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Active Voice: MVPA Protects Against Excessive Sedentary Behavior

from By Mark D. Peterson, Ph.D., M.S.

Viewpoints presented in SMB commentaries reflect opinions of the authors and do not necessarily reflect positions or policies of ACSM.

Dr. Mark Peterson, an ACSM member, is a physiologist, activity epidemiologist, and research assistant professor at the University of Michigan-Medicine, Department of Physical Medicine & Rehabilitation. His work is devoted to the treatment/prevention of obesity, sarcopenia, and functional motor deficit. He is also funded by the National Institutes of Health (NIH) to study mechanisms of metabolic dysregulation and muscle pathology among individuals with cerebral palsy (CP), and to identify behavioral interventions to prevent these secondary outcomes.

This commentary presents Dr. Peterson’s views on the topic of a research article he and his colleagues have authored and which appears in the June 2014 issue of Medicine and Science in Sports and Exercise® (MSSE).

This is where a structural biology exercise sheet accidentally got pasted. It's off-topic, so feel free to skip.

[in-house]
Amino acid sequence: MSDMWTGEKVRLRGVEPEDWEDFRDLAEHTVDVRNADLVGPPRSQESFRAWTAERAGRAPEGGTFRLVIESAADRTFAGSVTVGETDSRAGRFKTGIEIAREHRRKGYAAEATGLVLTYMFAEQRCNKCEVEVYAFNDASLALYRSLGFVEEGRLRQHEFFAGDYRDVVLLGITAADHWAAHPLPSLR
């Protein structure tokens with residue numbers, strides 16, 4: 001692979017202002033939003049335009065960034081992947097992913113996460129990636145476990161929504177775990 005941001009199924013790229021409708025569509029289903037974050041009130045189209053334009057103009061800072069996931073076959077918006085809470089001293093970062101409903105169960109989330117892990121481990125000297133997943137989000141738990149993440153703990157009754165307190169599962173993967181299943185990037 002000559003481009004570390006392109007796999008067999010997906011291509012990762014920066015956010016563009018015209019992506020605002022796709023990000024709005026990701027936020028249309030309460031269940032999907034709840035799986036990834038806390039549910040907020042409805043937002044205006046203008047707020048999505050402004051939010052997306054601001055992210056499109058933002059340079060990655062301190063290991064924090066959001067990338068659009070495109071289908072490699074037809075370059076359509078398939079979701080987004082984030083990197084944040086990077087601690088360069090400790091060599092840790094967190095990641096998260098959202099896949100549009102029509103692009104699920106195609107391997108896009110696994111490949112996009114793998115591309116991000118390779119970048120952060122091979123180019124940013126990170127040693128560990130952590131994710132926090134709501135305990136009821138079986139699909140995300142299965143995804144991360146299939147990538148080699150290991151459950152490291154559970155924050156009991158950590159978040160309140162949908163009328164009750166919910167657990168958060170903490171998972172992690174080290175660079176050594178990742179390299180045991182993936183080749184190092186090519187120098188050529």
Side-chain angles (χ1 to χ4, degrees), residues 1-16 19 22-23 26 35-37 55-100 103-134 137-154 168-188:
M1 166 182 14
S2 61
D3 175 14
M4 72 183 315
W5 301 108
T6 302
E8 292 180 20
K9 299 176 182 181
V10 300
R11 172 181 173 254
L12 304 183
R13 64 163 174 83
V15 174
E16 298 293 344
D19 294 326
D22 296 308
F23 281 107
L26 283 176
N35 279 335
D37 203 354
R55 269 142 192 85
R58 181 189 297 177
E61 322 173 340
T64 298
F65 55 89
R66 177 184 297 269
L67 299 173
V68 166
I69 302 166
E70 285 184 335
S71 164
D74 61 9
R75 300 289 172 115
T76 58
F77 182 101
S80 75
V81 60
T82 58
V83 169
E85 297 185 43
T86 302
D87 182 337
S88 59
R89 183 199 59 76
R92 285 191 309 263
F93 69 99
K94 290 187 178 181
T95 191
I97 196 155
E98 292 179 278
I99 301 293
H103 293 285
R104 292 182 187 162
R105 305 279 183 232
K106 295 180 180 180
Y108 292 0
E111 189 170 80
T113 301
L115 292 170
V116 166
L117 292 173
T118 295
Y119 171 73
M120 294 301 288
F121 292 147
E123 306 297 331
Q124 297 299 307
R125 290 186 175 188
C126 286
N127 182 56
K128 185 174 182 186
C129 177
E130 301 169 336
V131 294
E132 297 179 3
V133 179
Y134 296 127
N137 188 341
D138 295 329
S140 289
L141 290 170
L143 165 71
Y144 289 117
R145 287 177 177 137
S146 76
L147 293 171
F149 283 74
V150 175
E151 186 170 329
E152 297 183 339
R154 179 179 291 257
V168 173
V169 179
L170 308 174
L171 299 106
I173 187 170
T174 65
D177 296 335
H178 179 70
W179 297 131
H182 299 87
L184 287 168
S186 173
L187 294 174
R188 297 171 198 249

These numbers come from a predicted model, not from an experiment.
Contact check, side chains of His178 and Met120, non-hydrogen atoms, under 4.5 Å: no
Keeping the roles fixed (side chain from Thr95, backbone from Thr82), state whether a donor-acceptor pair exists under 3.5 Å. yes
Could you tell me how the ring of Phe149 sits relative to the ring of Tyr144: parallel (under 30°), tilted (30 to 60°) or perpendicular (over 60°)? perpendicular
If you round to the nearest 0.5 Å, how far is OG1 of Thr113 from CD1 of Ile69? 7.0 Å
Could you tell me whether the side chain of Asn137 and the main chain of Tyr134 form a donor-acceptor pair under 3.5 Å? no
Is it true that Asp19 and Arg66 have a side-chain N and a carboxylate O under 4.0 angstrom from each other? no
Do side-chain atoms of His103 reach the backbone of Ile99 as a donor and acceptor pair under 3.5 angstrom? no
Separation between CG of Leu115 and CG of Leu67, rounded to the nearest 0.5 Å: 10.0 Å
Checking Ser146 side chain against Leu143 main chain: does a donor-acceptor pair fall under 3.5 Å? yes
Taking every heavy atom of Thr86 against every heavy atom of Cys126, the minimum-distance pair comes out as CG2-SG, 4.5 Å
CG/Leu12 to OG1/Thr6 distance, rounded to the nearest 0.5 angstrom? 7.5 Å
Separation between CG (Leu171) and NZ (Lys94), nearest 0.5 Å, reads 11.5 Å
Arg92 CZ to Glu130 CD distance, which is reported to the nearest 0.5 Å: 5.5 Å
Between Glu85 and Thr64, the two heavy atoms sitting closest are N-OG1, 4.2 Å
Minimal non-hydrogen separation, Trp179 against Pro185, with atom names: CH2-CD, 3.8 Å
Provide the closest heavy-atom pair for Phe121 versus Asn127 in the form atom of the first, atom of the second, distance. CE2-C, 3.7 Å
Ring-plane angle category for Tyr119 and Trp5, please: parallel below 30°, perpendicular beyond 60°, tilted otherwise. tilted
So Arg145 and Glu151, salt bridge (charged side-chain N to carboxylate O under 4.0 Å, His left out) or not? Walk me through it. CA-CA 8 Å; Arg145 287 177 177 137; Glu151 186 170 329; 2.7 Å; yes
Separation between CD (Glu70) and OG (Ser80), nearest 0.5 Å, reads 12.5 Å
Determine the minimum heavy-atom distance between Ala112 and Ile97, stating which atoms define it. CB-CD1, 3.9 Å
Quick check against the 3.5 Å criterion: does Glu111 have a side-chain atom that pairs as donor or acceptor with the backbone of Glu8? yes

Excess dietary consumption and failure to meet the recommended 150 minutes of weekly moderate-to-vigorous physical activity (MVPA) have received extensive attention in the literature, as underlying factors that place individuals at risk for obesity and chronic disease (for further information, see 2010 Dietary Guidelines for Americans and the ACSM/AHA joint recommendation on physical activity and public health). However, and especially during the past few years, the topic of sedentary behavior (SB) has received equal research emphasis as a modifiable predictor of cardiometabolic diseases and early mortality. The bulk of this work has demonstrated a strong link between time spent sitting down, such as occurs during television viewing, and increased risks for negative health outcomes. Numerous large cohort studies have demonstrated an association between sitting time and risk, even after adjustment for self-reported MVPA. These findings collectively suggest the following important public health messages regarding the interplay between lack of physical activity and health deterioration: (1) physical activity and exercise cannot protect against the negative consequences of excessive SB, and/or (2) individuals who engage in large volumes of SB are at exaggerated risk because they are also less likely to engage in any physical activity. more


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